How To Make The All-county Academic-athletic Team

SIDELINES

January 23, 1991|By Pat O'Malley

A whole bunch of "Q's & A's" are coming right up, sports fans, but first let me answer a few questions that have been coming into the 24-Hour Sportsline (647-2499) about the ninth annual Anne Arundel CountySun All-County Academic-Athletic Team.

Let me give you an idea ofwhat we are looking in the top 12 boys and top 12 girls who excel inacademics and athletics.

Applications must include the official ballot, which will run frequently on these pages until the March 15 entry deadline.

Applicants must play at least one varsity sport and the team is open to all high school students residing in the county. That means county residents who attend schools outside Anne Arundel are eligible as well thoseattending one of the county's public or private high schools.

More information provided in terms of recommendation letters from teachers, administrators, coaches, employers, friends, etc. telling us why the applicant should be named improves chances of being selected.

Applications are rated on: grade-point average; SAT and/or ACT scores; school and community involvement, which includes athletic teams; honors and awards; number of recommendation letters; essay quality; neatness and originality of the application.

The application should be prepared as if the applicant is applying for a job and turning in aresume. Over the past eight years, we have received many impeccable applications that have been typed, in folders with individual photos,detailed and thorough, and in general very neat and well done, displaying effort and pride in the applicant's accomplishments.

Frequently, in order to break a tie, the neatness of an application and number of recommendation letters have been the determining factors. Believe me, so many outstanding young people deserve to be honored that breaking the team to just 12 boys and 12 girls is not easy.

While itis rare for underclassmen to make the team, we occasionally have named juniors. No sophomore or freshman has been named, but a few have come close.

That's why it is wise for underclassmen to apply. It gives us a chance to follow your progress, and persistence often pays off for those who start early.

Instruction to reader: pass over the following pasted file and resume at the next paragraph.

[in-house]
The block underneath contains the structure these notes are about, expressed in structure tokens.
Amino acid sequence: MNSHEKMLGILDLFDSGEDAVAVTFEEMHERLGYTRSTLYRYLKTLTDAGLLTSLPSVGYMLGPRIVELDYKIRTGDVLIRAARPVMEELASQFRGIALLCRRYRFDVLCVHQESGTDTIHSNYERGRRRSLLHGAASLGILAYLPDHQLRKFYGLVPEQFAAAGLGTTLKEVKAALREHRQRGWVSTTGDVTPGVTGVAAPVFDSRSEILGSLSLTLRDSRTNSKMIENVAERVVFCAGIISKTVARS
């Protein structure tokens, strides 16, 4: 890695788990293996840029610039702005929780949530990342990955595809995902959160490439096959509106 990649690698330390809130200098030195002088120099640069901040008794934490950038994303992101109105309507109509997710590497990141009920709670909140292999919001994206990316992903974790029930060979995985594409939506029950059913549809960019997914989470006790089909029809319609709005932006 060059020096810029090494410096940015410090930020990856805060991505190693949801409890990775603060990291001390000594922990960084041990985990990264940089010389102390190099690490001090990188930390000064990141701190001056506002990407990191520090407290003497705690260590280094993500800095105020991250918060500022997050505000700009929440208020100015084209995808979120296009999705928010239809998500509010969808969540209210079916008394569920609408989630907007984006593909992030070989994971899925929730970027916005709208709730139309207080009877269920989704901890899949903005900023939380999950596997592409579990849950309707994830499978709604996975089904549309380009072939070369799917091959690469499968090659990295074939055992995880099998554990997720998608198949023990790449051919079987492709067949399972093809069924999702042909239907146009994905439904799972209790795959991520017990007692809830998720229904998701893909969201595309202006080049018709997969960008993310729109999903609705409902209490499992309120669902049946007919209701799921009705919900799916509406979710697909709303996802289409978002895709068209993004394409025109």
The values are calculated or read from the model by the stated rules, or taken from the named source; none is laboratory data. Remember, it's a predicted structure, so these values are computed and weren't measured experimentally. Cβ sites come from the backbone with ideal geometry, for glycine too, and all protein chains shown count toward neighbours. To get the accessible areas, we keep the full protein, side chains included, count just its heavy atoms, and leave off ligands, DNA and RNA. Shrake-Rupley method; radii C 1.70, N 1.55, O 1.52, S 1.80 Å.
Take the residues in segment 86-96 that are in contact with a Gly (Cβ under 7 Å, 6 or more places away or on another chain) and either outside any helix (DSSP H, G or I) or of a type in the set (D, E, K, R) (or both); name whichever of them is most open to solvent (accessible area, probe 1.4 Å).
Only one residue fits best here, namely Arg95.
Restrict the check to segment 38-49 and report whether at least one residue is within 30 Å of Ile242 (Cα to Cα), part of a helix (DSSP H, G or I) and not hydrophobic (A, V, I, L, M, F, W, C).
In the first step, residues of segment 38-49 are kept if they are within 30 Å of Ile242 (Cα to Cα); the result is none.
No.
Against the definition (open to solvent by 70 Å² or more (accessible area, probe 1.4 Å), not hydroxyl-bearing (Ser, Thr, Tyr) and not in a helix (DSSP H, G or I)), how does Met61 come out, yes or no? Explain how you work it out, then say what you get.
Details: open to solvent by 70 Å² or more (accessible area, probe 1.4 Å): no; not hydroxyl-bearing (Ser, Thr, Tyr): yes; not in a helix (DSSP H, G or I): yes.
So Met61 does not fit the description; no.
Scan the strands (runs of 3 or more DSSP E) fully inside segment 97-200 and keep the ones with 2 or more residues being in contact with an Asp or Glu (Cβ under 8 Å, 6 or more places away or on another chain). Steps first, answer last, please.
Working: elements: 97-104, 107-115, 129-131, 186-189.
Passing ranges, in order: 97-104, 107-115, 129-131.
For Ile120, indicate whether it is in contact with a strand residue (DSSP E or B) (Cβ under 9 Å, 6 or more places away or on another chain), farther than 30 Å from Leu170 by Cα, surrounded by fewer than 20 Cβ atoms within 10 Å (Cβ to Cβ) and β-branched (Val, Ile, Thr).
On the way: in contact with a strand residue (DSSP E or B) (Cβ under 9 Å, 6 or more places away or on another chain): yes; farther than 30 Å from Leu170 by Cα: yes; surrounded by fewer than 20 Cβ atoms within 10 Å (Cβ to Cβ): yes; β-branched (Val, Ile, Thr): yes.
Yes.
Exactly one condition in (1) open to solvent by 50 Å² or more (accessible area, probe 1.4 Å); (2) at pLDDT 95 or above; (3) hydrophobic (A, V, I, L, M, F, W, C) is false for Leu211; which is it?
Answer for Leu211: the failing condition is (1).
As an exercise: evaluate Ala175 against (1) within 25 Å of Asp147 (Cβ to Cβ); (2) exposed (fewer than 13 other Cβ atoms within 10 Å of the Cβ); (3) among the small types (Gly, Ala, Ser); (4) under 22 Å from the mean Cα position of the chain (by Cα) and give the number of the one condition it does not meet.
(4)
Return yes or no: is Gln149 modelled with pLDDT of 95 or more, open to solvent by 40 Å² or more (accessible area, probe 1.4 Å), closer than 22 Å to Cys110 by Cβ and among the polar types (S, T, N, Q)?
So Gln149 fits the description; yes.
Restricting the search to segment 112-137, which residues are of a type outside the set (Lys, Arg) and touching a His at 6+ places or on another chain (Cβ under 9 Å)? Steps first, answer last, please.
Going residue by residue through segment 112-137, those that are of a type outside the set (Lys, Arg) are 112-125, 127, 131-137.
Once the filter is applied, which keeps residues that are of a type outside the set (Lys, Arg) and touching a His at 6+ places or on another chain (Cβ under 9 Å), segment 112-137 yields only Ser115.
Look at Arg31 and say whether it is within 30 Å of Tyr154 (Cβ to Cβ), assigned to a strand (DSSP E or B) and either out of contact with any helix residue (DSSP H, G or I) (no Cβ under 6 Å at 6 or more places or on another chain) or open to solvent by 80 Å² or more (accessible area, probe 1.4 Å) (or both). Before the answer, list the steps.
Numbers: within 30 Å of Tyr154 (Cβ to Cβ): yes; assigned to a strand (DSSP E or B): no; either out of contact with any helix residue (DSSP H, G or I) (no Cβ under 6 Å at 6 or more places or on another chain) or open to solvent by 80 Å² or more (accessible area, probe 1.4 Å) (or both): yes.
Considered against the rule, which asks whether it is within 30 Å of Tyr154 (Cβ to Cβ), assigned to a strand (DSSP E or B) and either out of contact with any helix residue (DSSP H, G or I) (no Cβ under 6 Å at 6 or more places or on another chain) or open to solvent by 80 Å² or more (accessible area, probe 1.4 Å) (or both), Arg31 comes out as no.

Believe it or not, I still have every application ever submitted since the team started nine years ago, and many boys and girls have applied two, three and even four years before eventually making it.

Once again, we are excited about receiving the applications because we know scores of outstanding student-athletes out there deserve to be honored. You guys are the unsung heroes of education who make us all feel good about our youths and where they are headed.

Remember, you don't need approval of your school to apply, but that does enhance your chances. Basically, it's you and your family's individual privilege. So, get to it and let us hear about your contributions, to school, community, church, family and education.

Now, let's dive headfirst into a barrel of "Q's & A's."

*

* Did you know that Dr. Keith Smith of Millersville officiated more track and field events in 1988 than any other official at the U.S. Olympic Trials, including the American and world record-setting heptathlon performance by Jackie Joyner-Kersee?

Smith also worked the U.S. men's decathlon in Southern California back in the fall in which Dave Johnson sparkled and went on to finish 1990 as the world's top-ranked decathlete.

This year Smith will continue to diligently work as many meets and trial as possible in hopes of being named an official for the 1992 Games of the XXVth Olympiad in Barcelona, Spain.

* Hasn't Anne Arundel Community College men's basketball coach Mark Amatucci, whose Pioneers are 16-4 overall, apparently landed two more blue-chippers for next season in ex-Broadneck star Cary Watts and TracyEvans, an Annapolis High grad?

Watts, an Anne Arundel County Sun third-team All-County guard in 1989, has enrolled for the second semester at Anne Arundel, Amatucci said. The former Bruin star has been working since graduating from Broadneck but is anxious to get back into school and play hoops next fall for the Pioneers.

Evans graduated from Annapolis in 1988 but never played for the Panthers.

"Tracydidn't come out until his senior year, and I explained to him that he might not get a lot of playing time, so he decided to get a job," said Annapolis coach John Brady. "I had him in (business) class and hewas a good kid. He's a late bloomer and has done well in the summer league."

Evans has become a star in the Annapolis Outdoor Summer League, and that is where Amatucci first saw him.

"I was really impressed with Tracy and it looks like he will be coming here in the fall," said Amatucci. "We lose Ronnie Wade and Wardell Chambers to graduation after this year and it looks like we have two pretty good ones in Watts and Evans coming in behind them."

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